Gender May Affect Whether, Why Patients With T1D Exercise

Men are less likely than women to desire community when exercising, the authors found.

Although all people with type 1 diabetes (T1D) can benefit from exercise, a new report suggests gender may play an important role in how patients think about exercise and which health care messages to which they are most likely to respond.

The authors of the new study, which was based on semistructured patient interviews, say their findings can help health care providers tailor their recommendations to patients. The study was published in the Canadian Journal of Diabetes.1

People with T1D face similar barriers to physical exercise as people without the disease; limits on time, lack of motivation, and financial barriers can all stop people from exercising an optimal amount, noted the study investigators. However, people with T1D also face additional challenges, such as fear of hypoglycemia and glycemic dysregulation, they said.

Jane E.Yardley, PhD, | Image Credit: Montréal Clinic Research Institute

Jane E.Yardley, PhD, | Image Credit: Montréal Clinic Research Institute

Four years ago, corresponding author Jane E. Yardley, PhD, of the Montreal Clinical Research Institute, worked with a different team of investigators to see whether resistance exercise led to different blood glucose responses in males and females with T1D. They performed a secondary pooled data analysis on 2 studies with identical exercise protocols and found that males had significant decreases in plasma glucose during exercise, while females did not. Moreover, in the 6 hours following exercise, male patients had a significantly higher risk of hypoglycemia.2

Yet, Yardley and colleagues noted that the prior research was based on physiological differences between patients of different sexes. In the new report, they sought to look more closely at gender to see how behavioral differences between men and women might affect patients’ feelings about exercise.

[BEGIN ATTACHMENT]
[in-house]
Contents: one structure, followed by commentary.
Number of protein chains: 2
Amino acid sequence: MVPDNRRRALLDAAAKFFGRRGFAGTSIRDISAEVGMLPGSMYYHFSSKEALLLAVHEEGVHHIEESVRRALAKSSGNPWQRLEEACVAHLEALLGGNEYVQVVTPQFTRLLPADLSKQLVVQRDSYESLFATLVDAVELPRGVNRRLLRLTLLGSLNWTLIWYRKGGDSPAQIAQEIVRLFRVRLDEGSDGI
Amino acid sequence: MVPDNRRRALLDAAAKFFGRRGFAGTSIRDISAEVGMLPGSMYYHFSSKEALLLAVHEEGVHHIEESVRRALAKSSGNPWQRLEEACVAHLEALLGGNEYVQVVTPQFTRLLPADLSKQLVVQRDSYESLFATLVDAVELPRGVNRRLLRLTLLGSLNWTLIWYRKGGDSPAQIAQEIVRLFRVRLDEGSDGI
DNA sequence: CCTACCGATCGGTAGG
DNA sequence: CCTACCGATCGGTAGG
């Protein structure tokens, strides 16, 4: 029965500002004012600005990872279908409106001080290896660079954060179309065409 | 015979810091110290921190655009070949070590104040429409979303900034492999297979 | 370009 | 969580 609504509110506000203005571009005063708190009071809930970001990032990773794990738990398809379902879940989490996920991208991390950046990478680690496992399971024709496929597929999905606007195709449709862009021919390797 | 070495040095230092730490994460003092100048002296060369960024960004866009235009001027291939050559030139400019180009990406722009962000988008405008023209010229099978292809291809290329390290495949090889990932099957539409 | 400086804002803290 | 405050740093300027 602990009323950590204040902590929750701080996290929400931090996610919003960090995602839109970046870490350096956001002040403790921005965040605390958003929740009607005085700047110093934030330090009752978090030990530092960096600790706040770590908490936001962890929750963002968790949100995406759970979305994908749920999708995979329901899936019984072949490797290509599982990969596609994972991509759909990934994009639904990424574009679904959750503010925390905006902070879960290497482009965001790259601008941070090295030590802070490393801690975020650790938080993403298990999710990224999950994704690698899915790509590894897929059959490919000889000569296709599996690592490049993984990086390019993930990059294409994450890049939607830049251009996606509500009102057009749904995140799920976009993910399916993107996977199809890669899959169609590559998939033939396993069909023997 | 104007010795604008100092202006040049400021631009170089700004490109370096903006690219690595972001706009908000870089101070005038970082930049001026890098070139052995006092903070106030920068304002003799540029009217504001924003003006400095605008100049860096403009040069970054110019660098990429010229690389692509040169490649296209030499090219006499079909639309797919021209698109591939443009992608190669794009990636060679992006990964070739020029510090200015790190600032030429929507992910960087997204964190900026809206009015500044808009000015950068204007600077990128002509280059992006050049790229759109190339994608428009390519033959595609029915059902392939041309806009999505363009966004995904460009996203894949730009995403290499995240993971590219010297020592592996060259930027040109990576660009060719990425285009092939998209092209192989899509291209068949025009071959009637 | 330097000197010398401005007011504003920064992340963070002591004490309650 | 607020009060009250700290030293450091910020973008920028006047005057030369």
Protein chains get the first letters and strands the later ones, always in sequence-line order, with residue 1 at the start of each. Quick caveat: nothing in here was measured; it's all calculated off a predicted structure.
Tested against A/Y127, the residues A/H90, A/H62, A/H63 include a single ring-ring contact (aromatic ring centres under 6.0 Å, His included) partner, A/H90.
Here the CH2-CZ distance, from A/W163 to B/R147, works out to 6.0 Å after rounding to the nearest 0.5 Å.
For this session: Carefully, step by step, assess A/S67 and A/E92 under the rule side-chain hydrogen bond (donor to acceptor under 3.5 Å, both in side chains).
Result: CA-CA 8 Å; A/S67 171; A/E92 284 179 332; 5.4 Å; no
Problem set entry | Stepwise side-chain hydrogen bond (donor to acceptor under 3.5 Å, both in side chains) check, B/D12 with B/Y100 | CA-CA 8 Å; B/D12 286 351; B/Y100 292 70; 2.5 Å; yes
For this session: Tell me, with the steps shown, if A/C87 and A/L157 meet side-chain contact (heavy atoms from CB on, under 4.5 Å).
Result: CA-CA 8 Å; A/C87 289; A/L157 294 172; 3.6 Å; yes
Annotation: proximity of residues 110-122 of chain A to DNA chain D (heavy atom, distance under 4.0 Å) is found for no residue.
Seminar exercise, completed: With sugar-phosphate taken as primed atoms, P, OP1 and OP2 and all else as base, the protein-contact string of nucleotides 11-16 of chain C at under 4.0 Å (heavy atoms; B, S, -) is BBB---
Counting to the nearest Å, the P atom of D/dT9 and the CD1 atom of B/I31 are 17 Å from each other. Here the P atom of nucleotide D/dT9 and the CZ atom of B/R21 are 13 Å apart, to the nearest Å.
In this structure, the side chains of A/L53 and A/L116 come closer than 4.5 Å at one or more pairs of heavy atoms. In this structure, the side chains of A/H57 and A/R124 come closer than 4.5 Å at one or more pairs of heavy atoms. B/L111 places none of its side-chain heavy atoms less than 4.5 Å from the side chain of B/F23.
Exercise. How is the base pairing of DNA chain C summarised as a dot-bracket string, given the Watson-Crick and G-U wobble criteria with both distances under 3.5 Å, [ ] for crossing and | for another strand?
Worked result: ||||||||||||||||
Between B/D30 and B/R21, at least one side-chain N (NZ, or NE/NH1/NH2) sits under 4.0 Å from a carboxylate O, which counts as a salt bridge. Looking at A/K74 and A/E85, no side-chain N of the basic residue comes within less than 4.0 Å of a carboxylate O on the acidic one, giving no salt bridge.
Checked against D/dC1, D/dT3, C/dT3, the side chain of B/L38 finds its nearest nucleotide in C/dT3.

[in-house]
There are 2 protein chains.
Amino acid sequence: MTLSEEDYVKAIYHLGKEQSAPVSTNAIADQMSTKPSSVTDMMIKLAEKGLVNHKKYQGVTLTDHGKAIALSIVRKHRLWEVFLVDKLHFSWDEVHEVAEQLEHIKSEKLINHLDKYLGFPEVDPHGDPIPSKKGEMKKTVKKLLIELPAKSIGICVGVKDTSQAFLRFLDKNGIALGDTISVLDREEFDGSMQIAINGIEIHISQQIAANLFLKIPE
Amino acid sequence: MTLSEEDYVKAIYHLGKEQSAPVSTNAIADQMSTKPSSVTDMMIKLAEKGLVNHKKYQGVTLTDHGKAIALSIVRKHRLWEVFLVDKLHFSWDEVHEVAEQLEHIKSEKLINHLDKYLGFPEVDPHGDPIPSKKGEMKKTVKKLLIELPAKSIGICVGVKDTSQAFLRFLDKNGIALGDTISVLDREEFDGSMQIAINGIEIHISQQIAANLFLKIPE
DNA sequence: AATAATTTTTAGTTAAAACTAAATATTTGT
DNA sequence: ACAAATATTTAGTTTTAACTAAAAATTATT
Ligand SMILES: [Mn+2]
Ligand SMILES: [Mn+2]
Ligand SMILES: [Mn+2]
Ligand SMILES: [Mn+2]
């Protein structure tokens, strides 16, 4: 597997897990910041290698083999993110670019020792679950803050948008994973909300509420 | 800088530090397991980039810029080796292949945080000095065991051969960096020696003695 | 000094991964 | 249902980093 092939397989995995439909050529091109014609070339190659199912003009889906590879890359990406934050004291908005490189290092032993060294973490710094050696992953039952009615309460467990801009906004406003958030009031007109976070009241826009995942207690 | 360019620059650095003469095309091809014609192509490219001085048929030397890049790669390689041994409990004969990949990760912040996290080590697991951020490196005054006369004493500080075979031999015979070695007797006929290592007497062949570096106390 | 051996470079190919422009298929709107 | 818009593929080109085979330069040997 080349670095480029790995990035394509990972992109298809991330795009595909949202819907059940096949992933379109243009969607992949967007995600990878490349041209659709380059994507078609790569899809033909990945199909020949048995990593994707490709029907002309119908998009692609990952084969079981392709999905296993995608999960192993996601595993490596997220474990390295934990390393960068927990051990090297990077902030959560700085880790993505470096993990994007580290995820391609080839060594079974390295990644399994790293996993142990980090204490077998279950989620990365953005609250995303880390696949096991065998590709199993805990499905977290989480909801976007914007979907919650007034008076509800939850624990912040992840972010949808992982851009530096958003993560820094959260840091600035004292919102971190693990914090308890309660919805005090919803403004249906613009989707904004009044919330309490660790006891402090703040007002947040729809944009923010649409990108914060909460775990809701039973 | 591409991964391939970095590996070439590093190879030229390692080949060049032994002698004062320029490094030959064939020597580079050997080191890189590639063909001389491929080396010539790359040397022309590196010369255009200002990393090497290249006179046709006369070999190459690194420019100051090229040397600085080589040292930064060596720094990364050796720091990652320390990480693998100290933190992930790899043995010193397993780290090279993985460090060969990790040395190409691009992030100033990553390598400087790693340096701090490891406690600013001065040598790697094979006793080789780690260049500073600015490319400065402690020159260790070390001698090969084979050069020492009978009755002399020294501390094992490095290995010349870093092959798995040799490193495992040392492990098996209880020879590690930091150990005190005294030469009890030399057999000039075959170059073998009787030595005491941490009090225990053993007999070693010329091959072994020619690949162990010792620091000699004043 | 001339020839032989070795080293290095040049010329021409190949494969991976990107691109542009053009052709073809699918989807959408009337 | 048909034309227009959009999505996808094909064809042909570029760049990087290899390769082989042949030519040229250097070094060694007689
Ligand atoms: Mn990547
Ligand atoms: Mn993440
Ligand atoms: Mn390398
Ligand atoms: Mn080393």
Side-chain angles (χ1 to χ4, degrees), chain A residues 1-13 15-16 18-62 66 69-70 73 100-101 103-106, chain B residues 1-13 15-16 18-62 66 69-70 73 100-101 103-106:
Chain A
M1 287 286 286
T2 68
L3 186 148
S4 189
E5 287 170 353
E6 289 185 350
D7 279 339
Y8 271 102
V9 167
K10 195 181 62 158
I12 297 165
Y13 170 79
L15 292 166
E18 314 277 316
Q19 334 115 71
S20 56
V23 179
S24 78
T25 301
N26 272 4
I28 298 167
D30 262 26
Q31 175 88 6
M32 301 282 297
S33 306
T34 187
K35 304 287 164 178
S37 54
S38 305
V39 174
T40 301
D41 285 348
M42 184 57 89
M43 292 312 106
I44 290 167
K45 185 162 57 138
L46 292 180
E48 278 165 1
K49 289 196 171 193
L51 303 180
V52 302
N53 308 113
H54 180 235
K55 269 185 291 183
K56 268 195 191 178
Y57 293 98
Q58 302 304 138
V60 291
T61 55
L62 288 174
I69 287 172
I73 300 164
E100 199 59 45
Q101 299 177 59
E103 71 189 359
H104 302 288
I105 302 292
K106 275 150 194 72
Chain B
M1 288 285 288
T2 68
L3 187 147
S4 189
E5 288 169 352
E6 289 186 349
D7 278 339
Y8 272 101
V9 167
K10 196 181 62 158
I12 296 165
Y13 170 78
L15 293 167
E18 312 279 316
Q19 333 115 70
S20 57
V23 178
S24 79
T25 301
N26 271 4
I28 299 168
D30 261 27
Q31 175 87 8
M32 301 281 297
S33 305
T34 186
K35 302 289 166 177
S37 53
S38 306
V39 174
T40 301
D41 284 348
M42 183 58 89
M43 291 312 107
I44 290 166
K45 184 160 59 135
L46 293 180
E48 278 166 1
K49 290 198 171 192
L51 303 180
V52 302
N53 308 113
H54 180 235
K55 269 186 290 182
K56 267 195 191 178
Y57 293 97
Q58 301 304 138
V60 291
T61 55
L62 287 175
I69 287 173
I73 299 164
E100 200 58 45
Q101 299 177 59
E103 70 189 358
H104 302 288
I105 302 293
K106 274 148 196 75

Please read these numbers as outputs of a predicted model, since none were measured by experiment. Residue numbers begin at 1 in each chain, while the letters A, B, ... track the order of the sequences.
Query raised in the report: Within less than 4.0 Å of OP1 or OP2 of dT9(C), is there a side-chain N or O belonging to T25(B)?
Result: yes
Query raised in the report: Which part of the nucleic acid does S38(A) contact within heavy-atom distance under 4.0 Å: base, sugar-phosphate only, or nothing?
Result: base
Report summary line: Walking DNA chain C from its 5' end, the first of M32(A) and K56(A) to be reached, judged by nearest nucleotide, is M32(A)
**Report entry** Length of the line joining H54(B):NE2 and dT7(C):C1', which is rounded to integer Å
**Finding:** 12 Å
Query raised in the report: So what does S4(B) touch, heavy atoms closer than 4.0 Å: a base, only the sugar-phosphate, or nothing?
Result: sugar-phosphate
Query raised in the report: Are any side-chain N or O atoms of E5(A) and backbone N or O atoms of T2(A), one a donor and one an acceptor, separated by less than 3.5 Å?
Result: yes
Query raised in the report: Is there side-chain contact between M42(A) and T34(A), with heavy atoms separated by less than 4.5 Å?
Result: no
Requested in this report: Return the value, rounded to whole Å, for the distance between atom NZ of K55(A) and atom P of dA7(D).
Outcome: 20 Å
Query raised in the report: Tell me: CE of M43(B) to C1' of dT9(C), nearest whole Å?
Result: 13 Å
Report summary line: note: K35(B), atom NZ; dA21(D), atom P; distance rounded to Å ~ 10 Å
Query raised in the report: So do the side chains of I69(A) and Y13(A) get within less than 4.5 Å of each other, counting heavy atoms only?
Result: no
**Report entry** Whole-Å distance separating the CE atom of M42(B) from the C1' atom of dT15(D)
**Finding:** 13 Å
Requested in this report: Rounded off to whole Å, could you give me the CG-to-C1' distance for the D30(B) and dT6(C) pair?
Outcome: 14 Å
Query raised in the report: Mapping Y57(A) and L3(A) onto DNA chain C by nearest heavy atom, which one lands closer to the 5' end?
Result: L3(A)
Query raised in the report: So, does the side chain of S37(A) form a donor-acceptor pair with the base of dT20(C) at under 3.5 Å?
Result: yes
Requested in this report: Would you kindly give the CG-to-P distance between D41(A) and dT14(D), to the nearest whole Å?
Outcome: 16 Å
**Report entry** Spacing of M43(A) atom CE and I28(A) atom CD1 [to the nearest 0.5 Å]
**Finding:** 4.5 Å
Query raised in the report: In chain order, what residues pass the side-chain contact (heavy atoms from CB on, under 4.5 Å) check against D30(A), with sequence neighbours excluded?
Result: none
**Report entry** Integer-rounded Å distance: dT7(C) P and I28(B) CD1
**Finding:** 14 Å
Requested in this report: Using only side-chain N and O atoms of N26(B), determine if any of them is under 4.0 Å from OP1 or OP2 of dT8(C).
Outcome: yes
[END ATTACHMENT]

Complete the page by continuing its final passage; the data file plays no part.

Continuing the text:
“By better understanding differences in behavior, gender may emerge as a partial explanation for differencing glycemic responses to exercise that were previously attributed to differences in physiology,” they wrote.

The investigators conducted semistructured interviews with 20 patients with T1D, half of whom were men and half of whom were women. The participants ranged in age from 21 to 74 years. The interviews included questions about patients’ exercise routines (if applicable), glucose management strategies, exercise preferences, and barriers to exercise.

They said 6 themes emerged from the interviews, and in half of those themes, notable differences were identified between the responses of men and women.

men and women exercising | Image Credit: ViDi

In this analysis, participants were asked about their exercise routines, glucose management, exercise preference, and exercise barriers| Image Credit: ViDi

“Women self-reported more frequent and intense exercise than men, participated in more cardio and HIIT (high-intensity interval training), and were more motivated by weight loss,” they said. “Men engaged in more sports, were more motivated to stay in shape and gain muscle, and felt less supported by their health care providers.”

The investigators also found that women in the study were more likely to seek community and exercise in groups than men.

The authors said there are several potential reasons for the apparent differences. For one, they said previous research has shown that women are more likely to respond to questions in a socially desirable manner, which in this case might have made them more likely to emphasize a desire to lose weight, since the authors said women in particular face societal pressure to have a low body weight.

“The gender-specific impact of social desirability on weight may be further emphasized by the response of several men in this study that weight perhaps should be a concern but wasn’t for them,” the authors wrote.

For health care providers, the authors said these findings might prompt consideration of more gender-specific conversations with patients. For instance, they said men might benefit from more specific recommendations about how to exercise with T1D. They also said providers might pay more attention to helping patients connect with T1D patient groups.

The investigators noted that their sample size was small, and may not be representative of the general population. They also noted that the study did not consider race/ethnicity or socioeconomic status, both of which may affect how patients perceive and participate in exercise.

“Despite these limitations, this research bridges an important gap in considering the differences in attitudes and behaviors between men and women, as these may help explain some of the previously observed differences in glycemic responses between male and female participants,” they concluded.


1. Logan JE, Prévost M, Brazeau AS, et al. The impact of gender on physical activity preferences and barriers in adults with type 1 diabetes: a qualitative study. Can J Diabetes. Published online May 31, 2024. doi:10.1016/j.jcjd.2024.05.003

2. Brockman NK, Sigal RJ, Kenny GP, Riddell MC, Perkins BA, Yardley JE. Sex-related differences in blood glucose responses to resistance exercise in adults with type 1 diabetes: a secondary data analysis. Can J Diabetes. 2020;44(3):267-273.e1. doi:10.1016/j.jcjd.2019.08.006

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